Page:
Sheryl Corrigan: Oh boy. You know, one pitfall I try to avoid—and it’s probably something you’ve heard quite a bit—is not being connected and not connecting my folks to the vision, which is, are we doing things that are making people’s lives better? Everything has to ladder up to that. And then a personal pitfall that I try to work on every day is never underestimating what other people can do with your idea. Especially today as we’re trying to really be innovative and move forward at a really rapid rate, I think a pitfall that we can all fall into is thinking that our ideas are crazy or they’re not good or that they’re not worth it. The way that innovation happens is a whole bunch of people coming up with crazy, wacky ideas or just thoughts, insight, and they bump into each other, and ultimately, someone figures out how to bring them together into an experiment, and then that experiment turns into a pilot, and that pilot then turns into something that’s really great.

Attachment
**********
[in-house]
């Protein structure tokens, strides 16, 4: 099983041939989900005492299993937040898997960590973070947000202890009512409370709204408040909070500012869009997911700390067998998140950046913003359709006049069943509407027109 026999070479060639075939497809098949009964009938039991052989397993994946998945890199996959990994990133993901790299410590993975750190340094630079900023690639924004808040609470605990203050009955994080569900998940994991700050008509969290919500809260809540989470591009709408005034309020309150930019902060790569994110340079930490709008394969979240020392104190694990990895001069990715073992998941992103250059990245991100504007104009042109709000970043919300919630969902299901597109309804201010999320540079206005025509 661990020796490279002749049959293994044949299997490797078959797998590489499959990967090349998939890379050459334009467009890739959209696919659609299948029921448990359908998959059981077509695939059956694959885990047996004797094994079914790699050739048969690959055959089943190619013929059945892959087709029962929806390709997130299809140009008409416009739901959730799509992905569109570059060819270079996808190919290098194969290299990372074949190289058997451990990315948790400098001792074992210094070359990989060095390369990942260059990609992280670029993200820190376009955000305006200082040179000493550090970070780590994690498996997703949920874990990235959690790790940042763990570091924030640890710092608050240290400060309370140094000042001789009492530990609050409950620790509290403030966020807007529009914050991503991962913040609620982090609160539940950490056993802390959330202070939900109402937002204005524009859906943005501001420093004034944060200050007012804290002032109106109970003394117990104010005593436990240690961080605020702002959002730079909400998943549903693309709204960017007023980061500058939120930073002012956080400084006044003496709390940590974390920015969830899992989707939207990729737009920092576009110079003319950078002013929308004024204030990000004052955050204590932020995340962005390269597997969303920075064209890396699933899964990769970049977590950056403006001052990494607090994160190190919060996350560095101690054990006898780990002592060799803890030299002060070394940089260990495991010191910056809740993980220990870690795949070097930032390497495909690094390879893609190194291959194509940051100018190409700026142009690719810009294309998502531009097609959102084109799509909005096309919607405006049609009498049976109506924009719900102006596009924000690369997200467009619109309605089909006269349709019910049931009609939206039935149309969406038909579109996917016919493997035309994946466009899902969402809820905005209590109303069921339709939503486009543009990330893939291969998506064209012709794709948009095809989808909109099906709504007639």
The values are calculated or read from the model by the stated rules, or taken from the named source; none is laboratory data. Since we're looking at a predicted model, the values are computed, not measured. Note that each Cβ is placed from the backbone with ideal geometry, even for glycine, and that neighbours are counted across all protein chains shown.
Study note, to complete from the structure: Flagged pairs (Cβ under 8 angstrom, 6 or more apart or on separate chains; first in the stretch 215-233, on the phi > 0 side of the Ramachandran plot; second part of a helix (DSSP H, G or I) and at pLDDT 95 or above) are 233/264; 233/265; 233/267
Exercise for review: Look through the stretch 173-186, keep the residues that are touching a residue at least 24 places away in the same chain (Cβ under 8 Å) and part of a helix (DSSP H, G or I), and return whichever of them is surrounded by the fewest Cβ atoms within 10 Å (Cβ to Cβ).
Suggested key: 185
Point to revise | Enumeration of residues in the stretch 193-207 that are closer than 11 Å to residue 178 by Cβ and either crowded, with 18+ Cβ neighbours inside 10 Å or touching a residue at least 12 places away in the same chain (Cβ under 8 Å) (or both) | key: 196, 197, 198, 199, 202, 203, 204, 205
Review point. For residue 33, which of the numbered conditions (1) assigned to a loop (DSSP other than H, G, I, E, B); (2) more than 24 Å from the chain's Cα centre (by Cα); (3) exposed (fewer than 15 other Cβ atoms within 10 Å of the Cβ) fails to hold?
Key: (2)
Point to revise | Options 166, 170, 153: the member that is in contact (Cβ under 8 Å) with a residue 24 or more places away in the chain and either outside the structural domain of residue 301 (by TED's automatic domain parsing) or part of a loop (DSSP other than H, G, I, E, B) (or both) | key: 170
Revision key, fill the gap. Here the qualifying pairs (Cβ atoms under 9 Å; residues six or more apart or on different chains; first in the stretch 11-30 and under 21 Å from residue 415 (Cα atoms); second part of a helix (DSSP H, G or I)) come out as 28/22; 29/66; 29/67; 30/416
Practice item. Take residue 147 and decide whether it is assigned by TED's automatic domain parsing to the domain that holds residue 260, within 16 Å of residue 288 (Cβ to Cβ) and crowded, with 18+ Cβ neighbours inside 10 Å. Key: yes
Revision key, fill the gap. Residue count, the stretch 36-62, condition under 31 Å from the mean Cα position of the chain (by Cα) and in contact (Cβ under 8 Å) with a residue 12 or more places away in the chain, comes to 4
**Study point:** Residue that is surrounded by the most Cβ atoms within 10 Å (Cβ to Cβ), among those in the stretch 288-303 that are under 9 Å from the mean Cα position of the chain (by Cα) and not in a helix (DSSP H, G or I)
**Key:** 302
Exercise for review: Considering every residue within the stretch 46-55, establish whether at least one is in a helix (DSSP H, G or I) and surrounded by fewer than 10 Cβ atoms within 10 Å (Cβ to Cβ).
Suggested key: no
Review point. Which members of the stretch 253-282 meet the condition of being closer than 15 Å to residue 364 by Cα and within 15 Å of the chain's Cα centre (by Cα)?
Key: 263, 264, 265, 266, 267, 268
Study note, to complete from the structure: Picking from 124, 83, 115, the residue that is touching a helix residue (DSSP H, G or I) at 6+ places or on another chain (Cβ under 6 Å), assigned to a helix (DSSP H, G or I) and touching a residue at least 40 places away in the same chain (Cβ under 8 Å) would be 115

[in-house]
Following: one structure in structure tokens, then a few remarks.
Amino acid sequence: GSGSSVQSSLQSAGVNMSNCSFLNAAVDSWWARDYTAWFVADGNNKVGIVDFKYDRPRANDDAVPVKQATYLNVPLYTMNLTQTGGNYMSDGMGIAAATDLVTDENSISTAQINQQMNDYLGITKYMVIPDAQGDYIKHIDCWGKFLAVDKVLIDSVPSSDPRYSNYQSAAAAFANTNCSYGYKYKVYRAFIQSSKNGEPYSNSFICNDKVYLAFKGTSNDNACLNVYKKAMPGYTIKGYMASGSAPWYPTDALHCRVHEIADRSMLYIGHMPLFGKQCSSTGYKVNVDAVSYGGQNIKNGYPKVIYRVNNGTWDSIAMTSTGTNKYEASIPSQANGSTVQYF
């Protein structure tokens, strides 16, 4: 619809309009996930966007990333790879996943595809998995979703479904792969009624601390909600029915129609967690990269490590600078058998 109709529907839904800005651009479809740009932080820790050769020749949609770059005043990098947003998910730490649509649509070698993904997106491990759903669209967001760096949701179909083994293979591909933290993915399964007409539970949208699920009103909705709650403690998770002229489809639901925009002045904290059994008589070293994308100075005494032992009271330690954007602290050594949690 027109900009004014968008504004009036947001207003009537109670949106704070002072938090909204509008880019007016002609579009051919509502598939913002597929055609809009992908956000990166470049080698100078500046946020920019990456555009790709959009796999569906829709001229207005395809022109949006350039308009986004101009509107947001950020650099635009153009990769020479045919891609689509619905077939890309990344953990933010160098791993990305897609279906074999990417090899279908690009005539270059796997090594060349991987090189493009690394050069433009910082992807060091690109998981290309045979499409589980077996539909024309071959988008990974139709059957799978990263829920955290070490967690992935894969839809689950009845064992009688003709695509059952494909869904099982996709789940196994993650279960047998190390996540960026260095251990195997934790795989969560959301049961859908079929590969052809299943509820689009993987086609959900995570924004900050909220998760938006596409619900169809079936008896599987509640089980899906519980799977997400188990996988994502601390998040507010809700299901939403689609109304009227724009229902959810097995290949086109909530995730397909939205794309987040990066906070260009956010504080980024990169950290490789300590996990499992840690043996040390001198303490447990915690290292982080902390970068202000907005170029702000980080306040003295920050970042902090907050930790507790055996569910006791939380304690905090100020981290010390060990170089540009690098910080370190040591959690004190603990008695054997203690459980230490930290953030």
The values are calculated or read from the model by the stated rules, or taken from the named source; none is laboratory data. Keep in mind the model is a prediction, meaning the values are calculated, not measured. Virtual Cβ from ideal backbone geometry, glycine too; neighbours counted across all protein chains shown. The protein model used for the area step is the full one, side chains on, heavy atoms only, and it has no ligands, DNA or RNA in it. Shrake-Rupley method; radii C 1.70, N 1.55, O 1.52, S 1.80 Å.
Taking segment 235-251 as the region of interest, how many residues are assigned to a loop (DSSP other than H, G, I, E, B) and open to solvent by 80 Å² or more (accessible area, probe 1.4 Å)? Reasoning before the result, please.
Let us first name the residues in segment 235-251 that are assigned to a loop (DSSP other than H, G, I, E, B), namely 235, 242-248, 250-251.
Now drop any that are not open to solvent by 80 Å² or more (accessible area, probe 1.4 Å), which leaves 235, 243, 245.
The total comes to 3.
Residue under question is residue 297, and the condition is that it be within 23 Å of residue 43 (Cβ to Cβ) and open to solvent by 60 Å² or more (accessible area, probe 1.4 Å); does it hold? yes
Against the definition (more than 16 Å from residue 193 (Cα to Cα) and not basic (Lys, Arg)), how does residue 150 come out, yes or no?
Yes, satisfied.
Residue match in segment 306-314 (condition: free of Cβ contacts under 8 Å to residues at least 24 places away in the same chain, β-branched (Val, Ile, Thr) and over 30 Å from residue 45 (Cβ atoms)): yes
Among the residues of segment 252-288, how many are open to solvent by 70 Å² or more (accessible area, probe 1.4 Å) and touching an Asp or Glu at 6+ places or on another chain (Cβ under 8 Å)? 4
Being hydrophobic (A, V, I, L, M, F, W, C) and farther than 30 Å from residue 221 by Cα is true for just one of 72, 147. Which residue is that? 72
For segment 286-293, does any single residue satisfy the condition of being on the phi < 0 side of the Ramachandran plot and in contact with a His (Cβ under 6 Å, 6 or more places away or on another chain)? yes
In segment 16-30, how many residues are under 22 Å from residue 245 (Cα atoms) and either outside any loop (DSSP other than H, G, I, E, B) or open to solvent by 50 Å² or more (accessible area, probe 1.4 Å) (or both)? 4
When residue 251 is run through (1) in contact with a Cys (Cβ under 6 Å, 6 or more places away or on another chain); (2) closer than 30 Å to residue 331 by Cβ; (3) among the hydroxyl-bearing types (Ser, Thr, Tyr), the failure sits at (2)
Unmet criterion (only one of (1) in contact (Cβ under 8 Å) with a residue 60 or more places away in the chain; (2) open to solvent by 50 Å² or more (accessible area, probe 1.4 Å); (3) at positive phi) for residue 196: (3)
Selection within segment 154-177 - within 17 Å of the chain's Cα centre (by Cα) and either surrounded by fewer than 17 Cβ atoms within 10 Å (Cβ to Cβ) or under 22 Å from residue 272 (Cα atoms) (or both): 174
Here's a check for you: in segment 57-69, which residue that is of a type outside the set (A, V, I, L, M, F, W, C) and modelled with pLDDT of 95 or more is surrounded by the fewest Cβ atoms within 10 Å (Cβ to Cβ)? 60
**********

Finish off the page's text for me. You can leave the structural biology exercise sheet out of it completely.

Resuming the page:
So I think a pitfall for me is recognizing that you’ve got to put forward your ideas and then really let other people run with them, so back to that theme of get out of the way because there are a lot of folks out there who are incredibly brilliant and bright, and they’re working every day, and they have an enormous amount of knowledge. And so we don’t need a smart guy in the room. We need folks who can have the tools and the ability and incentives aligned to follow through on that vision of how do we get better, and how do we continually help people make their lives better?
Justin Scace: Yeah, excellent. Yeah, those are some really great thoughts for our audience. Thanks again, Sheryl, for joining us today on “EHS on Tap,” and stay safe out there.
Sheryl Corrigan: You, too, Justin. My best to you and your family.